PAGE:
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Eric Bruno

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JavaFX 8: Combining Language Features, Part 2

June 02, 2014

In my previous blog, I began the creation of a File Manager written in JavaFX 8, which is part of Java SE 8. In this installment, we'll add the ability to move files around via drag-and-drop (something JavaFX easily implements), and open files for viewing and editing using JavaFX controls. This is a work in progress, and we'll refine this over the next blog or two to make this functionality even more useful. Let's begin with moving files.

JavaFX Drag-and-Drop

Since many developers still think of Java for server-side duties only, you may not realize just how capable JavaFX is in terms of client functionality. This includes drag-and-drop, which is very easy with JavaFX. Every Node object has the ability to be dragged from one container and dropped onto another. Although a lot of the mechanics are built-in to make it easy, you can still control what actually gets transferred.

For instance, in our File Manager application, I want to control what gets transferred depending on where a file is dropped: If it's dropped on a directory then the file itself gets transferred (moved) there via the filesystem. If the file is dropped on an editor (any editor configured on the running system), then I want the file contents to be transferred.

It turns out that implementing this differentiation is a cake walk with JavaFX, and Lambdas once again eliminate much of the code needed. Additionally, since drag-and-drop in JavaFX is built upon and analogous to mouse operations, the coding model is similar to what we've seen so far. Let's look at some of the changes in the code needed to support this (you can download the updated project here).

First, instead of adding Java Strings to each HeadList — representing file and directory names — we need to change them to JavaFX Text objects, which extend Node. Here's the snippet of the method populateList() with that change:


        for (File file : files) {
            if ( ! file.isHidden() ) {
                if ( file.isFile() ) {
                    Text source = new Text(file.getName());
                    results.add(source);
                }
                else if ( file.isDirectory() ) {
                    Text target = new Text("<" + file.getName()+">");
                    results.add(target);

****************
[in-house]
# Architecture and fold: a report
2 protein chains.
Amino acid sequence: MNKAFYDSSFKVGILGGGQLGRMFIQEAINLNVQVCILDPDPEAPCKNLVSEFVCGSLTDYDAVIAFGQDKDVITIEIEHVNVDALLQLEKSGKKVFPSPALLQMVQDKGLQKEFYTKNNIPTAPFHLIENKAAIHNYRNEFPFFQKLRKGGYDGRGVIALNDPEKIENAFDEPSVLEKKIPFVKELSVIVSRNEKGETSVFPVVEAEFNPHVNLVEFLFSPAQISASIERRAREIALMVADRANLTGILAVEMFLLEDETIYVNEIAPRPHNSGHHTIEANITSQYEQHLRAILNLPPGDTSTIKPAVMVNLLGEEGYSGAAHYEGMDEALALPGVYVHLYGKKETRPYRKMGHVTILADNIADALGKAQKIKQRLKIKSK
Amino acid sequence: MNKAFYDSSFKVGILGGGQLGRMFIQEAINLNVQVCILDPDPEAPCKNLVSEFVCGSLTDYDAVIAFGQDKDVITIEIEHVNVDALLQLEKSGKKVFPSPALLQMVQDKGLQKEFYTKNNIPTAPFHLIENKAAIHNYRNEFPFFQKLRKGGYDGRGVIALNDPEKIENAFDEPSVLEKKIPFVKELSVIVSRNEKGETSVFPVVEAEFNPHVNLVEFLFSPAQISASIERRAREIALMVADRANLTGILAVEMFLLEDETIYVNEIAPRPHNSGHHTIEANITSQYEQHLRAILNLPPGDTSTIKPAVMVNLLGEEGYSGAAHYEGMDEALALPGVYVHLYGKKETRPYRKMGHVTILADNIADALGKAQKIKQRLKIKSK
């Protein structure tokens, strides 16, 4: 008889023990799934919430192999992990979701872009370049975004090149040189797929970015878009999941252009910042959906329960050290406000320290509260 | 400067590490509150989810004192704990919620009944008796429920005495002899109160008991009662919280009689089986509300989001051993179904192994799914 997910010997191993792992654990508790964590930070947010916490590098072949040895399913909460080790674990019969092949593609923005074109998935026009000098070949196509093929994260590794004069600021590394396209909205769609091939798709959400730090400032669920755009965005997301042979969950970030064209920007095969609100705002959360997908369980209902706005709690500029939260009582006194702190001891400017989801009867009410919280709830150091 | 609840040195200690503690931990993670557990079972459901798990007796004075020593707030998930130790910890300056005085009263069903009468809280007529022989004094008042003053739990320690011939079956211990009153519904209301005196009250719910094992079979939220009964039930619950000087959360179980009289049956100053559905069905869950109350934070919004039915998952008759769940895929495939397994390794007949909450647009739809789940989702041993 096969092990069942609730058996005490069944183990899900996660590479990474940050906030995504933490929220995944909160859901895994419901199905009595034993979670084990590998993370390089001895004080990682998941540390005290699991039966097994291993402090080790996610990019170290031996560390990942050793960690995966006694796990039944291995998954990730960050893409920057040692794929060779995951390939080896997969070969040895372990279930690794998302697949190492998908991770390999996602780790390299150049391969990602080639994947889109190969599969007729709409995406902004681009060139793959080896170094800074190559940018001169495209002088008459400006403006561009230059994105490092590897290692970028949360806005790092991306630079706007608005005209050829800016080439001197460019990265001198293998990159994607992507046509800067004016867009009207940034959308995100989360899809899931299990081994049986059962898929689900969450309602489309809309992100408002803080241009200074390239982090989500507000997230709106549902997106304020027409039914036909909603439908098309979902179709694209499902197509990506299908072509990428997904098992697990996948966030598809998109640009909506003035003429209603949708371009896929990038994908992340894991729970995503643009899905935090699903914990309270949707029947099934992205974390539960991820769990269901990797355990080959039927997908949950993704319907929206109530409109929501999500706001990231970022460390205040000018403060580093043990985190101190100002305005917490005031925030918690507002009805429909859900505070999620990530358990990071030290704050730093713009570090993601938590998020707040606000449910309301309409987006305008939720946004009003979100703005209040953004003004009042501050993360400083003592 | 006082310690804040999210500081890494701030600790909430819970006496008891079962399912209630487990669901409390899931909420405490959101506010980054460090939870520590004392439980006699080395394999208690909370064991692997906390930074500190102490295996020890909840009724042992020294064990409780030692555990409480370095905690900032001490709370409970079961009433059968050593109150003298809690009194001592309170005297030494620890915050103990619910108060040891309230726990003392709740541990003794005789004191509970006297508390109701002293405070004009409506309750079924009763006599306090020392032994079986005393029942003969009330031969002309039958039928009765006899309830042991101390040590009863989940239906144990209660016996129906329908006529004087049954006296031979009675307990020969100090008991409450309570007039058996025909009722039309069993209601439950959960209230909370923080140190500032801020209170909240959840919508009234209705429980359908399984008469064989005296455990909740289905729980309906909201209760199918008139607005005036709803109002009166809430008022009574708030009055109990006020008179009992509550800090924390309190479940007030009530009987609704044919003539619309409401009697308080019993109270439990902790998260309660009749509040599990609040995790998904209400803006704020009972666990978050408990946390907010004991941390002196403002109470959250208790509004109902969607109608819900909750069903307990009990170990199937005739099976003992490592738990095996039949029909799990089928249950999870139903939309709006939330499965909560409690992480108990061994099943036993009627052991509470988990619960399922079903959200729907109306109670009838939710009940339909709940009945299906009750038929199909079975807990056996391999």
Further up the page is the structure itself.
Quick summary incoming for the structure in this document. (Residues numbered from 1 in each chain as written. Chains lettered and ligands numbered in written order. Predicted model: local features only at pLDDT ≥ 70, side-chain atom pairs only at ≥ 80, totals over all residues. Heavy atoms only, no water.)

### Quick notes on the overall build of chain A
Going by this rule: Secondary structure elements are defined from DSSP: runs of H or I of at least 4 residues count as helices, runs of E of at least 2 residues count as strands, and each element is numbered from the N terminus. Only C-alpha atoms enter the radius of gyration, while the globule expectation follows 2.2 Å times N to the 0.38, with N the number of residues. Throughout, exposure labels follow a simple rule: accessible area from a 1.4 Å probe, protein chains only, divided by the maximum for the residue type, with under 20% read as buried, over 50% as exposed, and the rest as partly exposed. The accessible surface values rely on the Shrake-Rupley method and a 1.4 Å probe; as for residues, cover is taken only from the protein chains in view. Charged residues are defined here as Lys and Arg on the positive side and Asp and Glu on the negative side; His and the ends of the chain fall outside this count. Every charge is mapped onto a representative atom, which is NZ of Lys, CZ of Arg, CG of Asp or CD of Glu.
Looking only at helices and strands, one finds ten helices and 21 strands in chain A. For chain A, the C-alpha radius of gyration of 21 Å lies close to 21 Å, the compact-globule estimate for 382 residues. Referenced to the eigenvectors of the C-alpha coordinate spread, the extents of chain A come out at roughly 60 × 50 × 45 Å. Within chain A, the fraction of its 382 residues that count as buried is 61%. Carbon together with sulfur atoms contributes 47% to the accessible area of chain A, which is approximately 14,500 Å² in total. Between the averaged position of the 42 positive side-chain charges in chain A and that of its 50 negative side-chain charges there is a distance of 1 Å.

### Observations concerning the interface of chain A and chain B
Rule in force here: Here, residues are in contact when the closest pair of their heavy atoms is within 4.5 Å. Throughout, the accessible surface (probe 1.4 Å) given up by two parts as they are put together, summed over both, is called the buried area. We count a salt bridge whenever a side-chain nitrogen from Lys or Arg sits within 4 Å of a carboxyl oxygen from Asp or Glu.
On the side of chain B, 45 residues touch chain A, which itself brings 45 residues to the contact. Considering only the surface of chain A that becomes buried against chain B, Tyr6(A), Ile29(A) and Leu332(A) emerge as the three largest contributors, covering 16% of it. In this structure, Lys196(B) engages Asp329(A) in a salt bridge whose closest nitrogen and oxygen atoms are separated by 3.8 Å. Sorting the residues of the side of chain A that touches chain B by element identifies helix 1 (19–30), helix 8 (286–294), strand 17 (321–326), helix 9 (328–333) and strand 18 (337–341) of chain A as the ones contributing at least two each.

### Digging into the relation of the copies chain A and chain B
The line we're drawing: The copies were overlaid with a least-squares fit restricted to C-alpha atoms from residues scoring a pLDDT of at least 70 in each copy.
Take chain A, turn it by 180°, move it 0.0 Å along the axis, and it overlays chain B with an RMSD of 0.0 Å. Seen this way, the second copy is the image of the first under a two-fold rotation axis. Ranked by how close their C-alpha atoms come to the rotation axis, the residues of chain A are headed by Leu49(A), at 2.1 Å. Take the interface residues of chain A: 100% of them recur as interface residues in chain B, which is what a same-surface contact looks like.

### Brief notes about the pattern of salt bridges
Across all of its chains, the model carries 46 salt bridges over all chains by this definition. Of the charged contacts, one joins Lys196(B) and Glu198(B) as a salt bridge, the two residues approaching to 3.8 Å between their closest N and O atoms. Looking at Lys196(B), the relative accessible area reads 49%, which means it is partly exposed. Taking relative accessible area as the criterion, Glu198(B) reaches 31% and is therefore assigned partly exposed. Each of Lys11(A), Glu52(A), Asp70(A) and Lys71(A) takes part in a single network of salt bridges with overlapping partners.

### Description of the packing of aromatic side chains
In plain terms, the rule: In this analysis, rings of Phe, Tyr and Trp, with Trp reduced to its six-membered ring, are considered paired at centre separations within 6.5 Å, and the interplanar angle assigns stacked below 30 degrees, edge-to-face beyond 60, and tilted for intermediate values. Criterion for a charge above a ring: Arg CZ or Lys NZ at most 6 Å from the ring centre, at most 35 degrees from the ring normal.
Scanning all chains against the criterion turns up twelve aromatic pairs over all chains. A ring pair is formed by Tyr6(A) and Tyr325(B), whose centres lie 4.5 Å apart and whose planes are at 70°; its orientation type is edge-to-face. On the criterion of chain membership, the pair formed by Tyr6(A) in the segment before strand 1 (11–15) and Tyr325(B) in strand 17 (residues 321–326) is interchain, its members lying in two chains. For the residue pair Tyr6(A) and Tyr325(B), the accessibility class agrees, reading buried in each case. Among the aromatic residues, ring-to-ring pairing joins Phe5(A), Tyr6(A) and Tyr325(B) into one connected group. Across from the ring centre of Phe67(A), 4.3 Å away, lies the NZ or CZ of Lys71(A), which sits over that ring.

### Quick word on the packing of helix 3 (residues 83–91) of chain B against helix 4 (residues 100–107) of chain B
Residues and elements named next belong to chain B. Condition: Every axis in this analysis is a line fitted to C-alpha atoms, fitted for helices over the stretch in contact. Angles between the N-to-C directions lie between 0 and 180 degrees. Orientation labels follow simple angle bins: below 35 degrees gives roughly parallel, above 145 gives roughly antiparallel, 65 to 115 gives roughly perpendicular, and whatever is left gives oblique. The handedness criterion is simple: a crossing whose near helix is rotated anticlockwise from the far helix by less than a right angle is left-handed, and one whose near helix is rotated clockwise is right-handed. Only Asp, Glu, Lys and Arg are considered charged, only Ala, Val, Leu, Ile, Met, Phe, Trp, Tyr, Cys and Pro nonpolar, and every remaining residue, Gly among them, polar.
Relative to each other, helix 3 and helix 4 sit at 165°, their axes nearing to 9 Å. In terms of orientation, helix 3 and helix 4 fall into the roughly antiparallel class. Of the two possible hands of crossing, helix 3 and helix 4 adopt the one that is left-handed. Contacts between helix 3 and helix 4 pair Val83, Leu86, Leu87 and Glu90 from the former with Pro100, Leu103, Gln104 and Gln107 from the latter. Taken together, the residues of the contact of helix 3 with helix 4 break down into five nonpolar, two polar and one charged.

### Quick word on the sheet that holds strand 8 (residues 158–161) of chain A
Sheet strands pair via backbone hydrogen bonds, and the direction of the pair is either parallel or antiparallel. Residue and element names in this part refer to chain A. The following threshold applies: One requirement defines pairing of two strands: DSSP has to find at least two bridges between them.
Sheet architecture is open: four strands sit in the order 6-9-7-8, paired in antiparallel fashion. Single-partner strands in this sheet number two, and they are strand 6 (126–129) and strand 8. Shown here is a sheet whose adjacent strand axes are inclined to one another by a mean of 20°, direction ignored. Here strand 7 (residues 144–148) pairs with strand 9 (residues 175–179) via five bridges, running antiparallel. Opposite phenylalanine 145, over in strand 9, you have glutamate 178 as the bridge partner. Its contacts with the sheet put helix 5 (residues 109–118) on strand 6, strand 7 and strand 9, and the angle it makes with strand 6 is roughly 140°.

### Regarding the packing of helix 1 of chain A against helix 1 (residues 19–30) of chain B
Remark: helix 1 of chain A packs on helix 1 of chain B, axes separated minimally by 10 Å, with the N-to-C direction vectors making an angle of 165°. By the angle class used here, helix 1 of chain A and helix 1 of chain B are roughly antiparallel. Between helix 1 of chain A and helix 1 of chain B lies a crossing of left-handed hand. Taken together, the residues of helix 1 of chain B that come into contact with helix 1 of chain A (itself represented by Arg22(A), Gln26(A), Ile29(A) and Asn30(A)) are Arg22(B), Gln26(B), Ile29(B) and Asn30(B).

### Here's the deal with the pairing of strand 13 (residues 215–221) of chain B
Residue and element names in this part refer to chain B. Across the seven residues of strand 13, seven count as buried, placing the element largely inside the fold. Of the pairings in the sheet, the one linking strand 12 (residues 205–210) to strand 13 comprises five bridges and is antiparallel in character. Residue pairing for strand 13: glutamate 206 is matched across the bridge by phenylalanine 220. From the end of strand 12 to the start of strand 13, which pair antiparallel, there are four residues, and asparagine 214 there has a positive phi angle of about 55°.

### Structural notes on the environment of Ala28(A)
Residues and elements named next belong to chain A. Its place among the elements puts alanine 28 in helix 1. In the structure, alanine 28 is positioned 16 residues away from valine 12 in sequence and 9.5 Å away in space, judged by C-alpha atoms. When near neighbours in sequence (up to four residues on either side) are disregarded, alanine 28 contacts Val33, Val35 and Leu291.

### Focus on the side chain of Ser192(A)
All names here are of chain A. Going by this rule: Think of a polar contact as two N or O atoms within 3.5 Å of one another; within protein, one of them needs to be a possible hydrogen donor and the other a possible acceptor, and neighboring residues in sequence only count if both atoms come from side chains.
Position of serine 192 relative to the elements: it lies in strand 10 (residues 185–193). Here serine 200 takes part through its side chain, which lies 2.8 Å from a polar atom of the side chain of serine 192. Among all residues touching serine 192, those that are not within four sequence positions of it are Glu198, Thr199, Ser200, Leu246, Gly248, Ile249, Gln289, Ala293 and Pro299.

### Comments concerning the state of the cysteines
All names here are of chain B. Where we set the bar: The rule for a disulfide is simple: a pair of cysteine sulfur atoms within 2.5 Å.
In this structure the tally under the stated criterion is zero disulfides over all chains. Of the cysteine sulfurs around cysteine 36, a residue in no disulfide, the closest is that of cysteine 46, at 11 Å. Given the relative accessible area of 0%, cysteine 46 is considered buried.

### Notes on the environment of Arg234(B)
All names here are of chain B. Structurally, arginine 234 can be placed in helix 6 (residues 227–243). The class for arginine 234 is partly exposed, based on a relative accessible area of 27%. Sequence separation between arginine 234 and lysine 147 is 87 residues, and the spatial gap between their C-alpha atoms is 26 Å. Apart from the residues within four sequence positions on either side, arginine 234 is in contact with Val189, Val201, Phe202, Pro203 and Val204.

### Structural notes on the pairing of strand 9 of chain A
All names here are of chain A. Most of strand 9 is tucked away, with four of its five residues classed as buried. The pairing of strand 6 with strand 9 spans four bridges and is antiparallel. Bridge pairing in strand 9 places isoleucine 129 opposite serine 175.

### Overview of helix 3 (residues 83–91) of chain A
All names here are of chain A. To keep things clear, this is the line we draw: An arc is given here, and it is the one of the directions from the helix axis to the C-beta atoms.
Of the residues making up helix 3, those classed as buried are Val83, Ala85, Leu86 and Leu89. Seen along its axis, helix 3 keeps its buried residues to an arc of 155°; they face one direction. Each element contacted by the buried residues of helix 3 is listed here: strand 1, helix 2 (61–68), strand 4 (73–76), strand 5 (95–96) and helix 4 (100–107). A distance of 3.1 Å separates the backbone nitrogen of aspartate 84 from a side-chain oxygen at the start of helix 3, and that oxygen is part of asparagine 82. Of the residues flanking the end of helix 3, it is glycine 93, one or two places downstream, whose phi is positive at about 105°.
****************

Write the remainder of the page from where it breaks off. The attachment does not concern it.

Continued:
}
            }
        }            

Additionally, any place in the code that grabs items from the list and expects a String needs to be changed to something like this:


    Text item = (Text)list.getSelectionModel().getSelectedItem();
    String filename = item.getText();

Overall, this is not a major change.

The drag-and-drop model in JavaFX involves handling a few steps each from the point of view of the source (the item being dragged) and the target (where the item is dragged to, or dropped on). Here are the steps to implement:

Source:
—Drag Detected: the first step when a Node is dragged via the mouse
—Drag Done: the final step when the source node has been dropped on the target

Target:
—Drag Entered: occurs when the source first enters a drop target Node
—Drag Over: occurs repeatedly while the source is dragged over the target region
—Drag Exited: occurs when the source exits a drop target
—Drag Dropped: occurs when the source Node is dropped via the mouse on the target Node

The methods to handle these steps, as DragEvent object, are implemented as EventHandlers via Node methods setOnDragDetected, setOnDragDropped, and so on. Here's the slight change required to the code snippet above to set the DragEvent event handlers for the various Text Nodes created in our File Manager application:


    if ( file.isFile() ) {
        Text source = new Text(file.getName());
        source.setOnDragDetected(de -> { onDragDetected(de,source); });
        source.setOnDragDone(de -> { onDragDone(de,source); });
        results.add(source);
    }
    else if ( file.isDirectory() ) {
        Text target = new Text("<" + file.getName()+">");
        target.setOnDragOver(de -> { onDragOver(de,target); });
        target.setOnDragEntered(de -> { onDragEntered(de,target); });
        target.setOnDragExited(de -> { onDragExited(de,target); });
        target.setOnDragDropped(de -> { onDragDropped(de,target); });
        results.add(target);
    }

The code to start the drag-and-drop process is in onDragDetected, implemented for files (and not directories) in our File Manager application. Let's examine it now:


    private void onDragDetected(MouseEvent me, Text source) {
        // start a drag-and-drop gesture
        HeaderList sourceList = getParentHeaderList(source);
        String sourcePath = 
            constructPath( sourceList ) + stripDecorators( source.getText() );
        
        Dragboard db = source.startDragAndDrop(TransferMode.ANY);

        // Put the file contents or filename into the clipboard
        ClipboardContent content = new ClipboardContent();
        String fileContents = readFile( sourcePath );
        if ( fileContents == null ) 
            fileContents = source.getText();
        
        content.putString(fileContents);
        db.setContent(content);

        me.consume();
    }

First, we get a reference to the source Node's list and construct the complete file path. Next, we get a reference to the JavaFX Dragboard object, used to manage the actual data that gets dragged. In addition to data, you can provide an image to be displayed with the mouse cursor as the drag-and-drop proceeds, and define how the data is transferred. For instance, is the data copied, moved, or is the source and target linked in some way as a result?

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